Capitol Hill (CNSNews.com) - The non-voting delegate to Congress from the District of Columbia says the rapid success in dismantling the Taliban government in Afghanistan proves U.S. legislators can and should get back to regular business when the House and Senate return in late January.
Del. Eleanor Holmes Norton (D-D.C.) says the biggest challenges for her as a congresswoman in 2001, and the biggest challenge for Washington, D.C., was Sept. 11 and the anthrax scare. But she says now that the war in Afghanistan seems to be winding down, Congress needs to refocus its priorities.
"I'm going to insist that we get back to the domestic national agenda that was cruelly interrupted by Sept. 11 and then the anthrax scare," Norton said. "We've got to get back, first, to unemployment insurance, health benefits, and a stimulus for the economy that will work and that will benefit moderate and low income people."
A Republican-backed plan that would have provided unemployment benefits, health insurance, and cash payments to unemployed workers, along with tax incentives for business investment passed the House, Dec. 20 by a 224 to 193 vote. Senate Majority Leader Tom Daschle (D-S.D.) blocked the bill from being considered before the Senate adjourned Dec. 21.
But the Ayn Rand Institute (ARI), a California think-tank promoting "laissez-faire capitalism," believes having no economic stimulus is better than having either of the packages under consideration.
"The battle was all about what looked best to the voters, not about economic reality," said Dr. Yaron Brook, executive director of the ARI. "Mr. Bush was desperate to be seen stimulating the lagging economy in the middle of a war...(while) his chief opponent, Senate Majority Leader Tom Daschle, was even more desperate to appear as the liberal savior of the poor and disadvantaged."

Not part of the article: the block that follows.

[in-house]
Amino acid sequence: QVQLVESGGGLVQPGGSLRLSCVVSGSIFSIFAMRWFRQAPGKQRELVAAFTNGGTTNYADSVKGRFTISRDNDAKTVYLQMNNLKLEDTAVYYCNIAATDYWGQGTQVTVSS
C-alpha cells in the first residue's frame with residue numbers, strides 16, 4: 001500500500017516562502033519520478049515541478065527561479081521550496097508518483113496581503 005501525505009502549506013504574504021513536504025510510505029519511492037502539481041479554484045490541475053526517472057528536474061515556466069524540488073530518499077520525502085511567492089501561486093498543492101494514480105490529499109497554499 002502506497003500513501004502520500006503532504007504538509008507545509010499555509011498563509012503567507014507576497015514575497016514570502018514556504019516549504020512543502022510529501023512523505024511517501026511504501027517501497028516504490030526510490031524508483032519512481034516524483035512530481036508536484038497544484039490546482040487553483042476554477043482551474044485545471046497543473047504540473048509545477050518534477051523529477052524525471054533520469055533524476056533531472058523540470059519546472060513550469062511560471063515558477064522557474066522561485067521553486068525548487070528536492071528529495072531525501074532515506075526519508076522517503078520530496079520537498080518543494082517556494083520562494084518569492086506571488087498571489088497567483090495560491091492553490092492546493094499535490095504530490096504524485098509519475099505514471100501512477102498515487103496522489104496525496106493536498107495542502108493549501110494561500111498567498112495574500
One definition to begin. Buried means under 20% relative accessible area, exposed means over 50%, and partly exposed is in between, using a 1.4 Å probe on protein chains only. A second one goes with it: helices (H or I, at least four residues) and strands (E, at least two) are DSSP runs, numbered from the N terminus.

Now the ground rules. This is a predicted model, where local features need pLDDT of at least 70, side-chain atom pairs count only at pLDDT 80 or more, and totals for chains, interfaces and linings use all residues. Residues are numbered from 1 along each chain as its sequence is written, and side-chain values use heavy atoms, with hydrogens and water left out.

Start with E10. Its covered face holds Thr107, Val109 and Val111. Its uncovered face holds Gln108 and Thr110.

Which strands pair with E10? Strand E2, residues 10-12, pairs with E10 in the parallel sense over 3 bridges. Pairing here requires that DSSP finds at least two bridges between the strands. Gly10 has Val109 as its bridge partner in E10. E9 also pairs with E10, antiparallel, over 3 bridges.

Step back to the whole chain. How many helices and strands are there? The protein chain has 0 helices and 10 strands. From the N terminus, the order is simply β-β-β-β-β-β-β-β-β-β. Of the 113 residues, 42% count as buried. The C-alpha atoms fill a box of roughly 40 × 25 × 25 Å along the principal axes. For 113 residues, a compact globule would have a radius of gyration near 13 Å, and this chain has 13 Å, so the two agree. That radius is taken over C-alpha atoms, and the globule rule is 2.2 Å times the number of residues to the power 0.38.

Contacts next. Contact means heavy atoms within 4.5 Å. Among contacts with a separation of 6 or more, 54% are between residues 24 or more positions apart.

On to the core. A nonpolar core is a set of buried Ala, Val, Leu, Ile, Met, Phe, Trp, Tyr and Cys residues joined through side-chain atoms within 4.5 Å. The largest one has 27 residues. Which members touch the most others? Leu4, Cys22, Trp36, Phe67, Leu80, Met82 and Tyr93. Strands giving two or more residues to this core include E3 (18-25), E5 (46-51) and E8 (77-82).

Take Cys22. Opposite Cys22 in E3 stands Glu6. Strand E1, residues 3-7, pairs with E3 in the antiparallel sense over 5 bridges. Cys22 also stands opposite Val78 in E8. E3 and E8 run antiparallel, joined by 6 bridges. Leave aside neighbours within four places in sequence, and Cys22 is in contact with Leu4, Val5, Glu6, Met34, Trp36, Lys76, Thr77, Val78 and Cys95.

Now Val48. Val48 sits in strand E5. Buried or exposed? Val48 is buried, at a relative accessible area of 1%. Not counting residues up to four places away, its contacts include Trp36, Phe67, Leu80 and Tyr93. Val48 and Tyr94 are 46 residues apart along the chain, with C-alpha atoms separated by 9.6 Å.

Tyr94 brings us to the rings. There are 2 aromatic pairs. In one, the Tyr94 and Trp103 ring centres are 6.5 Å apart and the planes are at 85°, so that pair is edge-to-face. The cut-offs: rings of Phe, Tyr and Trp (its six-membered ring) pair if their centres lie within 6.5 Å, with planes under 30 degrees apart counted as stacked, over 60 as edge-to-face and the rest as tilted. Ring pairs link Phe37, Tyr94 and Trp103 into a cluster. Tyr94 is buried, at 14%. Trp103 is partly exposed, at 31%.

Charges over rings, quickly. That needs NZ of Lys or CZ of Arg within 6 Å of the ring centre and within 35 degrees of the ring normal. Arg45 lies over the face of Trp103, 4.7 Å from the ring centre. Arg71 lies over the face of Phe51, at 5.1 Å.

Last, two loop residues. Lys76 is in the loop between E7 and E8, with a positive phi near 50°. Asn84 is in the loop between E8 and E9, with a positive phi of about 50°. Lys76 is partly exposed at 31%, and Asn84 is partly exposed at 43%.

ARI believes that a "massive repeal" of taxes and government regulations is needed to give the economy a real boost. But Brook, a former finance professor, predicts that won't happen anytime soon.
"So the political battles go on forever, and the economy will probably stumble to 'recovery' on its own," he said, "feeding on the remnants of freedom and individual rights left to us."
Norton did address the issue of government regulation, as it relates to new security measures in the nation's capitol city in the wake of the 9-11 terrorist attacks.
"We have got to make sure that the words 'open society' do not become cliches" she said.
The six-term Democrat has pushed for Pennsylvania Avenue to be reopened in front of the White House, although she backed away from that position following the attacks. She says government must do everything possible to return the District to its pre-Sept. 11 open-ness.
The Secret Service has maintained that the boulevard must remain indefinitely closed to properly protect the president, staff, and visitors in the White House. Tours of the executive mansion have been cancelled since Sept. 11.
"I want to make sure that this city is not closed down. If we close down this city, we close down every city in America," she said. "The nation will look to see whether we run to our bunkers to see whether they should run to theirs."